Sunday, June 26, 2011

New Work and July Stealth Show

"Schematic", 2011, 30" x 40", paper, ink, metal, oilstick, tacks and encaustic on panel

The annual encaustic conference seems to be a real marker in my life, like BC and AC. Even before I register for it in January, I start planning my life around it. As the beginning of June nears, I start shunting things to AC when I'll return home, conference over, and have all that luxurious time to kill. Funny how it never happens like that.

So when I got back from the conference this year, I was faced with all the doctor, dental, hair and car appointments that I had put off, plus all the work from my day jobs that I had postponed. However, Arden Gallery had promised to hang my work in the middle section of their gallery during July and I wanted to include new work. Yes, it would have been a lot simpler if I had not decided to try out a new series that I'm calling "Building Blocks," but I am not known for my simple approach to life: if I can complicate things, by gum, let me at it.

"Cinch", 2011, 30" x 40", paper, ink, metal, oilstick, tacks and encaustic on panel

So in addition to everything else I had to get done, I managed to make some new work. Here are two new works from the Building Blocks series that will be hanging at Arden Gallery for the month of July along with three other pieces. This will not be an official show with a postcard, reception and all the rest but a summer try out for me as a new artist. I'm thinking of it as a stealth show and I'm very excited to see my work hanging all together in a premier Boston gallery on Newbury Street.

I'm planning on being at the gallery on Saturday afternoon, July 9th, to welcome friends and visitors, take photos of the work and just celebrate the moment for the personal achievement it is. If you are around and want to stop by to say hello and take a look, I would be glad to see you. If you can't make it that day, the work will be there for the month of July, so I hope you will stop by if you are in Boston.

Thursday, June 23, 2011

Making Plaster Molds for Wax Casting

Kim Bernard at the beginning of her mold making workshop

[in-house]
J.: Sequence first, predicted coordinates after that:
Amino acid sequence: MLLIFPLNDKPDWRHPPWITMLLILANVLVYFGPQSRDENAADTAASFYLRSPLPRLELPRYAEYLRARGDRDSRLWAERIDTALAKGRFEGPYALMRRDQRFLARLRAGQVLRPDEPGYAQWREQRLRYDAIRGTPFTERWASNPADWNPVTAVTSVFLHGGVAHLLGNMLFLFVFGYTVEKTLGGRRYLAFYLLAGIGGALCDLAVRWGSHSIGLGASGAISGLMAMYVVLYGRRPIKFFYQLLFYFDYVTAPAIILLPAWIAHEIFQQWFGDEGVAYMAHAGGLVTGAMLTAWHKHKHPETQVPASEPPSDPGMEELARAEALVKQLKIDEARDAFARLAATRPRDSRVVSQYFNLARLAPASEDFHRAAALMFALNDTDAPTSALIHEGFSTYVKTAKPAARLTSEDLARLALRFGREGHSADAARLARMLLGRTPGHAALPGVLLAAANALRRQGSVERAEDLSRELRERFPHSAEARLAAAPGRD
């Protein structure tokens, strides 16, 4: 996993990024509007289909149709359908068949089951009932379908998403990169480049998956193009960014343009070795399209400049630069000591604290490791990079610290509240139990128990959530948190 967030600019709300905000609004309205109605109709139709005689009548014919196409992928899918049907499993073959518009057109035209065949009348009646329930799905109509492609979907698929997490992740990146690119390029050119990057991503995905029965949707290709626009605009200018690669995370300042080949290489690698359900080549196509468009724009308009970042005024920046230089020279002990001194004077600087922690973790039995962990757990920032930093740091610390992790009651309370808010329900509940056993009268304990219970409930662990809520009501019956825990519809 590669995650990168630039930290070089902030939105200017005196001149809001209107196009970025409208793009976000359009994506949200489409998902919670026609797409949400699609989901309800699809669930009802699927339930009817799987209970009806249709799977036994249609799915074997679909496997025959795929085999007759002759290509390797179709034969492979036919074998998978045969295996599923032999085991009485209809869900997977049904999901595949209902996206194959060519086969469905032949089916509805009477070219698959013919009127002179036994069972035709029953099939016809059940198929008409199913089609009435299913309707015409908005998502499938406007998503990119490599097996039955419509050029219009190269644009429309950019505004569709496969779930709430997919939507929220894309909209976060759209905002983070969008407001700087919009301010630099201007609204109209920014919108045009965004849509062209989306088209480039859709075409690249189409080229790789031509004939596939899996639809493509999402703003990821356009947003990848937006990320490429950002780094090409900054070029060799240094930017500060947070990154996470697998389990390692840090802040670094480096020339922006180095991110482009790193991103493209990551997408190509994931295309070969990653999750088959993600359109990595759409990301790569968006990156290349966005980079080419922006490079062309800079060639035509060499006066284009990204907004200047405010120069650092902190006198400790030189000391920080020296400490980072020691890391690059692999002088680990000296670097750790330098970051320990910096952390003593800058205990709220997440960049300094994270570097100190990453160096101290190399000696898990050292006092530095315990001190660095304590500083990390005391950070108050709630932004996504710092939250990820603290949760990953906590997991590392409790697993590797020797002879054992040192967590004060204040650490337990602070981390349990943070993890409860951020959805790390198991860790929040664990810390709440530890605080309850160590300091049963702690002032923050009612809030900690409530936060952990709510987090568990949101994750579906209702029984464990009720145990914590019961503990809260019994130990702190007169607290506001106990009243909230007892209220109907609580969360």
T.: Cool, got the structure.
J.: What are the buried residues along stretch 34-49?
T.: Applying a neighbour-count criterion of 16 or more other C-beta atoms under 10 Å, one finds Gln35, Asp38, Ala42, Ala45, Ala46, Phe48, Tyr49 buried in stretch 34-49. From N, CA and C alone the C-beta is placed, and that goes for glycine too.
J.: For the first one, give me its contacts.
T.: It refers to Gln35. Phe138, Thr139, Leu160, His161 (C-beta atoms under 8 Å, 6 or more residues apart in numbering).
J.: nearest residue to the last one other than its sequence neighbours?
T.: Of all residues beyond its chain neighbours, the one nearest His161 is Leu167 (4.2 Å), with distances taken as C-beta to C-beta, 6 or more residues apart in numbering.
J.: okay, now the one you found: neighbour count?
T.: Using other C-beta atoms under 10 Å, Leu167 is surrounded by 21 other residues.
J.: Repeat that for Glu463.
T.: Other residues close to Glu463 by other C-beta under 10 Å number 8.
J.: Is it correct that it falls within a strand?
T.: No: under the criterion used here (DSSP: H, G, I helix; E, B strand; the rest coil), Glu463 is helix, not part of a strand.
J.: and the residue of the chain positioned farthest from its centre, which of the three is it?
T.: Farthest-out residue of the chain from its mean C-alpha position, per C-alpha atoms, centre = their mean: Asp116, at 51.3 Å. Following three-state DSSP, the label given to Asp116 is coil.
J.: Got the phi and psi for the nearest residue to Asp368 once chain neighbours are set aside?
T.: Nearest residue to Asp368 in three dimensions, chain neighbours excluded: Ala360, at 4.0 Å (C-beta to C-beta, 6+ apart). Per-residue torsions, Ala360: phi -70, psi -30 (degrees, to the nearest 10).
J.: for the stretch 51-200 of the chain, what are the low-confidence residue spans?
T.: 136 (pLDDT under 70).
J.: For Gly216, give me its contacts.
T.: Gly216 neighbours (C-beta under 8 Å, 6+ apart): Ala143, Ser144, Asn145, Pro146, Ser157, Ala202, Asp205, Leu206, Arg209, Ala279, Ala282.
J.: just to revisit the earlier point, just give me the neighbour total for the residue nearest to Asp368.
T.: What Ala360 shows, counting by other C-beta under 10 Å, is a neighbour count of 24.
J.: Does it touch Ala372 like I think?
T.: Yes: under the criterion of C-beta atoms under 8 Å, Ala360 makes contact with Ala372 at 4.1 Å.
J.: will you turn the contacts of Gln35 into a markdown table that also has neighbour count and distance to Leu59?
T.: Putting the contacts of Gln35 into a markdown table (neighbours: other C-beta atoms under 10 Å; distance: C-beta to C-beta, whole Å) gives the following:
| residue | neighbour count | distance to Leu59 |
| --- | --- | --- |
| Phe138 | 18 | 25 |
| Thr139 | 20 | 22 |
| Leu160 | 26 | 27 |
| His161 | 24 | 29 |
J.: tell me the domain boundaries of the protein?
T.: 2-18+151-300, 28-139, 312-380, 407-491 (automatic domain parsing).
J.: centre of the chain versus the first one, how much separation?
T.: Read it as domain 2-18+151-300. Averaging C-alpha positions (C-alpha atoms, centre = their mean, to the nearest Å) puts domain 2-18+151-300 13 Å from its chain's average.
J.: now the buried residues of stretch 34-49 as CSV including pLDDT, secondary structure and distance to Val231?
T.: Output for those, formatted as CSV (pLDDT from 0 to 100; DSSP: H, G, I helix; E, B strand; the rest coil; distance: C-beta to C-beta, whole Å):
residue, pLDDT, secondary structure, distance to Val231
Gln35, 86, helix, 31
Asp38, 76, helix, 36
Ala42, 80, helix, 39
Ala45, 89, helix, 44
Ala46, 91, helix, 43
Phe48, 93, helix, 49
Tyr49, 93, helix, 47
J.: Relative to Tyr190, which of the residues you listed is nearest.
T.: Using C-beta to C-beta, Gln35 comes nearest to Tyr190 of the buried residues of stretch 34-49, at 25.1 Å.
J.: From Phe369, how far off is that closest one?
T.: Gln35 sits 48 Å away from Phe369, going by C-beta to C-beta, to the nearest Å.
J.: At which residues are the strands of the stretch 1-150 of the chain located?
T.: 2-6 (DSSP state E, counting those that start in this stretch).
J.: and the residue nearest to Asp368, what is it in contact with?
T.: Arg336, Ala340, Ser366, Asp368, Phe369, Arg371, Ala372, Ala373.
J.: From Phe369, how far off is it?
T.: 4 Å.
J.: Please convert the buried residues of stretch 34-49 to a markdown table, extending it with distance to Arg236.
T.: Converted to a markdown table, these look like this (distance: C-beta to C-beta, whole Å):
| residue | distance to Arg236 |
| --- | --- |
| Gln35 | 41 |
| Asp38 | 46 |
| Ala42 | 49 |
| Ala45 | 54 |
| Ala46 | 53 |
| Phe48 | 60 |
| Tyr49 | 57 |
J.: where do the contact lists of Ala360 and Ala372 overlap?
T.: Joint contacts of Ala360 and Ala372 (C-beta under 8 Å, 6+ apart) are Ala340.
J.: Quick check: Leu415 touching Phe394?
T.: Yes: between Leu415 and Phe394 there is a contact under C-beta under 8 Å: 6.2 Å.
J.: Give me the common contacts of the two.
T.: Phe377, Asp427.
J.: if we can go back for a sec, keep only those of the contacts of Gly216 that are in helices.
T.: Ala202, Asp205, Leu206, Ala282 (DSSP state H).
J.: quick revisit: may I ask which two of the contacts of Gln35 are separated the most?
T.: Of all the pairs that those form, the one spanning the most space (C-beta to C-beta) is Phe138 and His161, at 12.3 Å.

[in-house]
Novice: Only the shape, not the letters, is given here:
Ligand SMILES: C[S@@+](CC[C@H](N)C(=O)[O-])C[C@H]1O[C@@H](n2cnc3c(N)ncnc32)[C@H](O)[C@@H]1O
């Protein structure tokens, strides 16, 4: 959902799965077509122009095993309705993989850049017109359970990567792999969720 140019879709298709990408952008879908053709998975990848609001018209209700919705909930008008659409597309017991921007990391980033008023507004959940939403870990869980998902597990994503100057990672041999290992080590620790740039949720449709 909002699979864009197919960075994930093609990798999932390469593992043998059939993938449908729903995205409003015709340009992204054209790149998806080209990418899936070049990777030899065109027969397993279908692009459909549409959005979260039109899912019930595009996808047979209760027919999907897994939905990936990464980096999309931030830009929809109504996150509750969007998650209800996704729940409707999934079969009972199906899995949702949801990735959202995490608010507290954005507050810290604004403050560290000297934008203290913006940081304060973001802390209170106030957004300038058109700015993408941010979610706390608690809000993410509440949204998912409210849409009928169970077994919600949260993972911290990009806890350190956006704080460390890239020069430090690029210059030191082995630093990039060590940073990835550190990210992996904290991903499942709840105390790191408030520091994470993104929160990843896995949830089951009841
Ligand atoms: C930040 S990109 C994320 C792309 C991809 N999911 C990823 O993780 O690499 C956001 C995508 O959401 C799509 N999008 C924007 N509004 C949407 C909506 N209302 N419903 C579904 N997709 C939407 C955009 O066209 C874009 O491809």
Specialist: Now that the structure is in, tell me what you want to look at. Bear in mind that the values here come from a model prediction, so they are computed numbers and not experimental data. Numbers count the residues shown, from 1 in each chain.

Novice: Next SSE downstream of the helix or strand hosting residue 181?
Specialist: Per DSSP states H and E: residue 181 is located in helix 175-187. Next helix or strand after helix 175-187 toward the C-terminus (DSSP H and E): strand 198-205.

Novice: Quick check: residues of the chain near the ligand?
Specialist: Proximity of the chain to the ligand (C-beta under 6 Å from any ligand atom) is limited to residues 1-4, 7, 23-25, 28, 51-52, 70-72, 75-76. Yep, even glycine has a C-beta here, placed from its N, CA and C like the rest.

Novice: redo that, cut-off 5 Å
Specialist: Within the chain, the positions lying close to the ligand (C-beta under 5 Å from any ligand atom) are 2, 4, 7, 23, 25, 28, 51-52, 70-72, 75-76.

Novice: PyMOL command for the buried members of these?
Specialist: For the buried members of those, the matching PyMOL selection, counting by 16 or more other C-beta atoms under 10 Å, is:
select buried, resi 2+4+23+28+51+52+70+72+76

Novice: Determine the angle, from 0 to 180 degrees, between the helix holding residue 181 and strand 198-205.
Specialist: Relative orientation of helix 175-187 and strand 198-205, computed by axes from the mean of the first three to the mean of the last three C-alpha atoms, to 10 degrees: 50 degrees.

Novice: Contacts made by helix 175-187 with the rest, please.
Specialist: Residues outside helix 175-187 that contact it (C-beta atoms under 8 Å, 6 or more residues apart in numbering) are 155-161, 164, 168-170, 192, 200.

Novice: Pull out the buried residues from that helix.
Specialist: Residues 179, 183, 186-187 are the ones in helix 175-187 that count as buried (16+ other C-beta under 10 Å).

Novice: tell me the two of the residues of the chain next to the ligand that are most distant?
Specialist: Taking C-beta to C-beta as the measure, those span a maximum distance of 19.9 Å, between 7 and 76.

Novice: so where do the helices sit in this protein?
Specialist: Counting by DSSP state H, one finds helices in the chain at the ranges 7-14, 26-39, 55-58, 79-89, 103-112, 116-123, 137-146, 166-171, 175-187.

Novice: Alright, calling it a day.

The week of workshops held after the encaustic conference at the Truro Center for the Arts at Castle Hill (the  "post-con workshops") are a great opportunity to pick up some new techniques or skills firsthand from specialists. I was really happy to see that Kim Bernard was doing a one-day workshop on making plaster molds for casting wax and signed up right away.

I do not use either plaster or cast wax in the work I'm making currently, but it never hurts to learn something that may rattle around in your mind for a while and be useful some time in the future. I started out thinking that I was really more interested in the plaster objects than in those made out of wax, but I have to admit that the wax objects are pretty alluring.

Kim with a big bag of plaster

Before we began making molds, Kim explained about plaster, also referred to as plaster of Paris, but sold as "gypsum plaster" in large paper bags. It can be bought in small sacks or plastic containers in hardwares or home stores, but is much less expensive to buy by the bag. It's important to store it in a dry place as once moisture reaches it, it will harden and become unusable. If you can store it in a sealed plastic bucket, it will probably stay more moisture free.

The way it's mixed is to fill a flexible plastic container about half full with cold water and then add plaster to it by the handful, crumbling each handful into the water to eliminate any lumps.When the dry plaster builds up enough to be visible on the top of the water, you stop adding more and let it sit without stirring or jostling for about five minutes until it sets up. After that you begin slowly stirring it with one hand so you can feel the viscosity change.

Here Kim has just added the first layer of plaster over the clay object she is molding

One-Part Molds
We began with the simplest type of mold - just one part - and made on a simple object with no undercuts. For this we used clay to model an uncomplicated shape. (Note that we did not use the artichoke that I brought which was way too complicated even for a two-part mold.)

As the plaster becomes thicker and thicker, it is smoothed onto the object

The plaster is built up to about 1" thick over the object and then flattened